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Gilbert Elementary School Principal Matt Harris and Assistant Principal Tammy Leen stand in a room full of books. The school's media center is undergoing a renovation this summer. The books will return to the walls after renovations are complete.
some text Gilbert Elementary School Principal Matt Harris and Assistant Principal Tammy Leen are ready to renovate the school's media center.

Gilbert Elementary School Principal Matt Harris and Assistant Principal Tammy Leen are moving books out of the school's media center to make way for upcoming renovations to the center.

Harris asked the Walker County School Board to fund the $10,000 project through a no-interest, five-year loan and the board agreed. GES will pay the money back over five years.

Through the assistance, the school will be able to complete renovations this summer and add a school librarian with a technology background this fall, Harris said.

"The media center is going to be airy and cheery with new bright furniture," he said. "The media center will have curvy furniture where students can come and relax and read a book and work on a station."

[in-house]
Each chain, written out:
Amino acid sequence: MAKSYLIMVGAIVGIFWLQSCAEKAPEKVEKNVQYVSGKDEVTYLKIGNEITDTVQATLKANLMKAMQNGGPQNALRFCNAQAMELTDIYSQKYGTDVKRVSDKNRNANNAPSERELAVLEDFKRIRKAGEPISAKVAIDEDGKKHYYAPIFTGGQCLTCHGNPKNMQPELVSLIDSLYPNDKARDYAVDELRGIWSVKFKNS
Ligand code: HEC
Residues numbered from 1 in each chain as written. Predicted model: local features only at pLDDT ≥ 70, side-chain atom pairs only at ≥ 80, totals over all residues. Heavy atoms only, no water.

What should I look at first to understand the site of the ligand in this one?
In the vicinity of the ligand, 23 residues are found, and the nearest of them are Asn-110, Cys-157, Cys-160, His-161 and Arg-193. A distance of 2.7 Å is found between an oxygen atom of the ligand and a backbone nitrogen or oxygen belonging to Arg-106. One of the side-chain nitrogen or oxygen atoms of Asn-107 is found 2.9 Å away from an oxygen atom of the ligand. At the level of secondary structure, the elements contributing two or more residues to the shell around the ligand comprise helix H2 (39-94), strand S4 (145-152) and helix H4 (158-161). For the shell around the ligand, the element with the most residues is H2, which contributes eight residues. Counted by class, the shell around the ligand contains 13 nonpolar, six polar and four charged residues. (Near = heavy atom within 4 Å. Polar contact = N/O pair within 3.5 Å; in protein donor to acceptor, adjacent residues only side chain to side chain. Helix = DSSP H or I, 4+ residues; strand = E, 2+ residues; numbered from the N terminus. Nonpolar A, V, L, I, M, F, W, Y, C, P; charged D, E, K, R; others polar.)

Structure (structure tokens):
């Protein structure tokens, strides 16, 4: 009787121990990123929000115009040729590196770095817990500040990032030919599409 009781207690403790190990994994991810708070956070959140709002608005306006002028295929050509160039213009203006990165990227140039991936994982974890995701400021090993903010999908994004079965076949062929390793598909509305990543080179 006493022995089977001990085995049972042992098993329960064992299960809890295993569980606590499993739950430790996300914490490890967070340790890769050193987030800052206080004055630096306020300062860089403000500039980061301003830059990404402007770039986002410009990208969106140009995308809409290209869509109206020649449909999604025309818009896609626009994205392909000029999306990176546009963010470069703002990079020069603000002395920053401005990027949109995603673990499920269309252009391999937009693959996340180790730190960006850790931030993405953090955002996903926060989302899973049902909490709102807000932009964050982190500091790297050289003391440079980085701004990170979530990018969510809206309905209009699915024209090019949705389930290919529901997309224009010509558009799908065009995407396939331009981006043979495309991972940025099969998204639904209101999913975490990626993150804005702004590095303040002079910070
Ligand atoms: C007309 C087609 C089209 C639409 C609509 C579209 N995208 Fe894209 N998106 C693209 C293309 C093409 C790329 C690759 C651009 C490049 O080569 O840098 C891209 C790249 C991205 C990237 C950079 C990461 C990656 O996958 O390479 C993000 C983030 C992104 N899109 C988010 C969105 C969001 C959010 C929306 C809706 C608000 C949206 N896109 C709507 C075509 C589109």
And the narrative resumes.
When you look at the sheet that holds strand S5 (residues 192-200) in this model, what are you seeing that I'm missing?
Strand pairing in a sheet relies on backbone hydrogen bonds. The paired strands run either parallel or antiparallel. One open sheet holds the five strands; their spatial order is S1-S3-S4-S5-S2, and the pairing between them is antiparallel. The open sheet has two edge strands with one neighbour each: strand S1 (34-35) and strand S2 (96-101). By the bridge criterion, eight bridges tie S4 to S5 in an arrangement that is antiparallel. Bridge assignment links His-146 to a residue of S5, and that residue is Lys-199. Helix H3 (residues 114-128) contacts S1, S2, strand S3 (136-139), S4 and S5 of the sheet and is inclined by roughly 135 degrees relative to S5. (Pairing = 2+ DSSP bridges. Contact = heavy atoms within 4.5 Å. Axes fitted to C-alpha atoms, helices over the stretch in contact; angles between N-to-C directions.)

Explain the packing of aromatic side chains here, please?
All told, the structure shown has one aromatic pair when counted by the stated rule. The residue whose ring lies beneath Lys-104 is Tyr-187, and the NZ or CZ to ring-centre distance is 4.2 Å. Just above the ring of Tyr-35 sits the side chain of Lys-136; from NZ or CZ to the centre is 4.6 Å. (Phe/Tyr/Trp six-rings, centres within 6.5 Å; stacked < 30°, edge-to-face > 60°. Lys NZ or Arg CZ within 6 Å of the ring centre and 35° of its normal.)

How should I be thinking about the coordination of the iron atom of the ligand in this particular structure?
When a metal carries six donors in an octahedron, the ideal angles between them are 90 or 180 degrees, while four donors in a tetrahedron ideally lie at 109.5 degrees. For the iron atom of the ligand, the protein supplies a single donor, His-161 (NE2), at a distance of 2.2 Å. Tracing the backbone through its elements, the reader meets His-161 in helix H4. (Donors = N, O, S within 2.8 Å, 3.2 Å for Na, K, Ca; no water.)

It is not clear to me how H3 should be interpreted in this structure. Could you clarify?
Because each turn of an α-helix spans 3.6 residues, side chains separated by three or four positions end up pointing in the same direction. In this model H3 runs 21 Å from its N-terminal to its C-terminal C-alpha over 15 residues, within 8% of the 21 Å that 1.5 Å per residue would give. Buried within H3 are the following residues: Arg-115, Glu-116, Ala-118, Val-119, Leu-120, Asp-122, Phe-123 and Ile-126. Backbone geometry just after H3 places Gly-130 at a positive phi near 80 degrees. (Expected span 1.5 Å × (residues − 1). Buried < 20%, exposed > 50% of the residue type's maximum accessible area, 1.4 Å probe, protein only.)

New learning environments will be established in the rooms adjacent to the center, he continued.

"There's a big movement of modern learning environments," said Harris. "We are turning rooms into learning areas. When kids exceed in the classrooms, they can come here. We will have a foreign language station, a music station to learn an instrument and a shortwave station."

A video production room will serve as a space where students can present the morning news or teach a lesson, and a separate room will host tech labs and podcasting. Sphero robots will be available for students to practice programming in another room where they can also create Lego robotics, snap circuits and Vex Robotics.

An 8-by-12-foot whiteboard will be set up so students can lay out plans for learning environment projects, he said.

"Students can build a mini computer called Raspberry Pi," said Harris. "It is a single-board computer that can do anything a normal computer can do. We have a soldering station."

Hands-on activities of a more traditional kind will be available in the Maker's Space, which will feature an embroidery machine and sewing machines in addition to a 3-D printer.

"We will have vinyl cutting and decals for cups," he said. "A lot of it is to teach entrepreneurship to design projects and businesses around it.

"Everything else had been redone in the school for our STEM [Science, Technology, Engineering and Math] focus," said Harris, adding that now it's the media center's turn for a transformation.

Email Katie Ward at kward@timesfreepress.com

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